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Momentum Momentum: the product of mass and velocity • Momentum is inertia in motion. • Ex: a dog running down the street • Equation: mv = p • p = momentum (kg*m/s) • m = mass (kg) • v = velocity (m/s)
A more massive object has more p than an object with less mass. • An object at rest has no p (v = 0) • If the p of an object changes, the m, v, or both MUST change. • If the v changes, then the object is accelerating • a produces F • The greater the F, the greater Δv • Which means a greater Δp
Check Your Understanding Which has more momentum, a dog running down the street or a large semi truck parked on the side of the road? • The running dog has momentum. The truck has no momentum because it is not even moving.
Check Your Understanding A 10 kg cart is rolling down the street at 10 m/s. What is the cart’s momentum? • p = ? m = 10 kg v = 10 m/s mv = p (10)(10) = p = 100 kg*m/s
Impulse • The F sustained for a longer period of time produces more ∆p. • This relationship of F to t is called impulse. Impulse: product of force and time interval during which the force acts. • Impulse does NOT change in a collision • Ex: a car colliding with another car • Equation: J = F∆t • J = impulse (N*s) • F = force (N) • ∆t = time (s)
Impulse is equal to the change in momentum. • J = Δp • In collisions, the amount of damage depends on several things. • One is the hardness of surfaces that connect. • Two softer, more malleable objects will do less damage than two harder, more rigid objects.
J does not change if an egg hits a more or less malleable surface b/c the object’s change in momentum would be the same either way. • J is the same for both • the only thing that changes is the time interval of impact. • As the t increases, the F decreases. • Ex: car crash with and without airbags, landing on the ground with bent knees vs. straight legged
Check Your Understanding Why is falling on a floor with more give (like a big fluffy pillow) less dangerous than falling on a floor with less give (like concrete or brick)? • Because the floor with more give allows a greater time for an object to come to rest. A greater time for a change in momentum results in less force.
Check Your Understanding When a dish falls, will the impulse be less if it lands on carpet than if it lands on hard floor? • No. The impulse would be the same for either surface because the same momentum change occurs for each. It is the force that is less for the dish on the carpet because of the greater time of momentum change.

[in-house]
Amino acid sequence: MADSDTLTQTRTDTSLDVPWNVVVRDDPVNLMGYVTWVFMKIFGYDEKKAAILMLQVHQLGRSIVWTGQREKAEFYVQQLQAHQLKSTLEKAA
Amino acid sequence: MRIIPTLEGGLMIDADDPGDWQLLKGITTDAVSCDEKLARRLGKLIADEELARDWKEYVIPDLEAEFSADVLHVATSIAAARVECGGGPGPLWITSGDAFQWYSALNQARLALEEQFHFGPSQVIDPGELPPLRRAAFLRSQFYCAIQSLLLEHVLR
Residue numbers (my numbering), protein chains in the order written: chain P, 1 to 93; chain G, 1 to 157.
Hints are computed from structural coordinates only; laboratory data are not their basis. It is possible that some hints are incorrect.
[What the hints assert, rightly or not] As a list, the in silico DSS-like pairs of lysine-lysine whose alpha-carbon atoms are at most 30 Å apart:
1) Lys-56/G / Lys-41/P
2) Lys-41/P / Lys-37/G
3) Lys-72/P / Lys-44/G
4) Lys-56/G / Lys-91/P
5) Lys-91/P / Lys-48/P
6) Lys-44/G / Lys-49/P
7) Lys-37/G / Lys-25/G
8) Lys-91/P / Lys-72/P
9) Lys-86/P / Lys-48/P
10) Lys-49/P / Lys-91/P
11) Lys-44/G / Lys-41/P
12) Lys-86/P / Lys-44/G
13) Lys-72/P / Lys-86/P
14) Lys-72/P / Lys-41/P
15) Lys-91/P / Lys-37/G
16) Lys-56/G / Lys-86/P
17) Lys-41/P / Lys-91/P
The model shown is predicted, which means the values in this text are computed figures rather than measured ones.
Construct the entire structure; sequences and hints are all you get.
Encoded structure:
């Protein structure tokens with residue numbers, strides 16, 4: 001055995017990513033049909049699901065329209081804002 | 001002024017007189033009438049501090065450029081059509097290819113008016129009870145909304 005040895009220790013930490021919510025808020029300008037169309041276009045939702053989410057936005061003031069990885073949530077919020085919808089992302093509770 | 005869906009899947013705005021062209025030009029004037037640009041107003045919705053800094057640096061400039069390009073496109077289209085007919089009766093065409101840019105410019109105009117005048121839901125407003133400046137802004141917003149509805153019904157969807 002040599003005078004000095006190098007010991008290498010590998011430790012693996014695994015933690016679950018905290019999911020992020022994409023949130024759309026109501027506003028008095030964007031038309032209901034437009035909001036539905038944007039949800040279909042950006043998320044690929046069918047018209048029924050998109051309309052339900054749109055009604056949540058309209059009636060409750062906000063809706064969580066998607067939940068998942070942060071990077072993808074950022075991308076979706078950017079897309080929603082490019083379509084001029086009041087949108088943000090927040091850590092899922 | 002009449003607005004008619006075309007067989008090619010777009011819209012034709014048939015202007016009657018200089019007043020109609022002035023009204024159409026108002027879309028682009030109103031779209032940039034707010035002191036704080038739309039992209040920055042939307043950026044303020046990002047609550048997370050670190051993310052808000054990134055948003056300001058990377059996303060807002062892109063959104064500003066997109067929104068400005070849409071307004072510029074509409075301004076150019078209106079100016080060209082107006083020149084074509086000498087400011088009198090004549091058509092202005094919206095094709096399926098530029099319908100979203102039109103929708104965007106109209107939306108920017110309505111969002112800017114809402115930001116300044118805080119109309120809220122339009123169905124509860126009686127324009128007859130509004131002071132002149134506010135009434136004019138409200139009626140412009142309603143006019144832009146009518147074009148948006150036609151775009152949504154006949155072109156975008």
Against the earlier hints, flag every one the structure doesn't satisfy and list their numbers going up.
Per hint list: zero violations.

Conservation of Momentum Law of Conservation of Momentum: In the absence of an external force, the momentum of a system remains unchanged. • In the absence of an external force, the momentum of a system remains unchanged. • Ex: a gun will recoil when fired b/c the momentum of the gun and bullet together before the shot should equal the total momentum of the bullet and the gun after they have been shot.
When a cannon is fired, according to Newton’s 3rd, the ball has an equal but opposite force to the cannon. • Same thing with p (within the system of the cannon and the ball)…the overall p before and after do not change…ignoring friction. • Remember p is vector quantity (magnitude AND direction) • If no net force or net J act on a system, the momentum of that system cannot be changed.
Check Your Understanding When fighting fires, a firefighter must use great caution to hold a hose which emits large amounts of water at high speeds. Why would such a task be difficult? • The hose is pushing lots of water (large mass) forward at a high speed. This means the water has a large forward momentum. In turn, the hose must have an equally large backwards momentum, making it difficult for the firefighters to manage.
Check Your Understanding A bomb is sitting at rest on the ground. It explodes into 3 pieces with a mass of 5 kg, one moving at a speed of 3 m/s east, the other moving at a speed of 5 m/s northwest, and the last moving at a speed of 4 m/s south. What is the total momentum of all 3 pieces after the explosion? • Zero! The momentum before equals the momentum after.
Collisions • The collision of objects clearly shows the conservation of p. Net momentum before collision = Net momentum after collision • Two main types of collisions • Elastic and inelastic
Elastic Collisions Elastic collision: When objects collide without being permanently deformed or without generating heat • The momentum from the first object is transferred to the second object (or vice versa). • Ex: billiard balls (pool); Newton’s Cradle
Inelastic Collisions Inelastic collisions: When colliding objects become entangled or coupled together, thereby generating heat or disfigurement • The net p before the collision equals the net p after the collision • Ex: car crashes, sports, bumper cars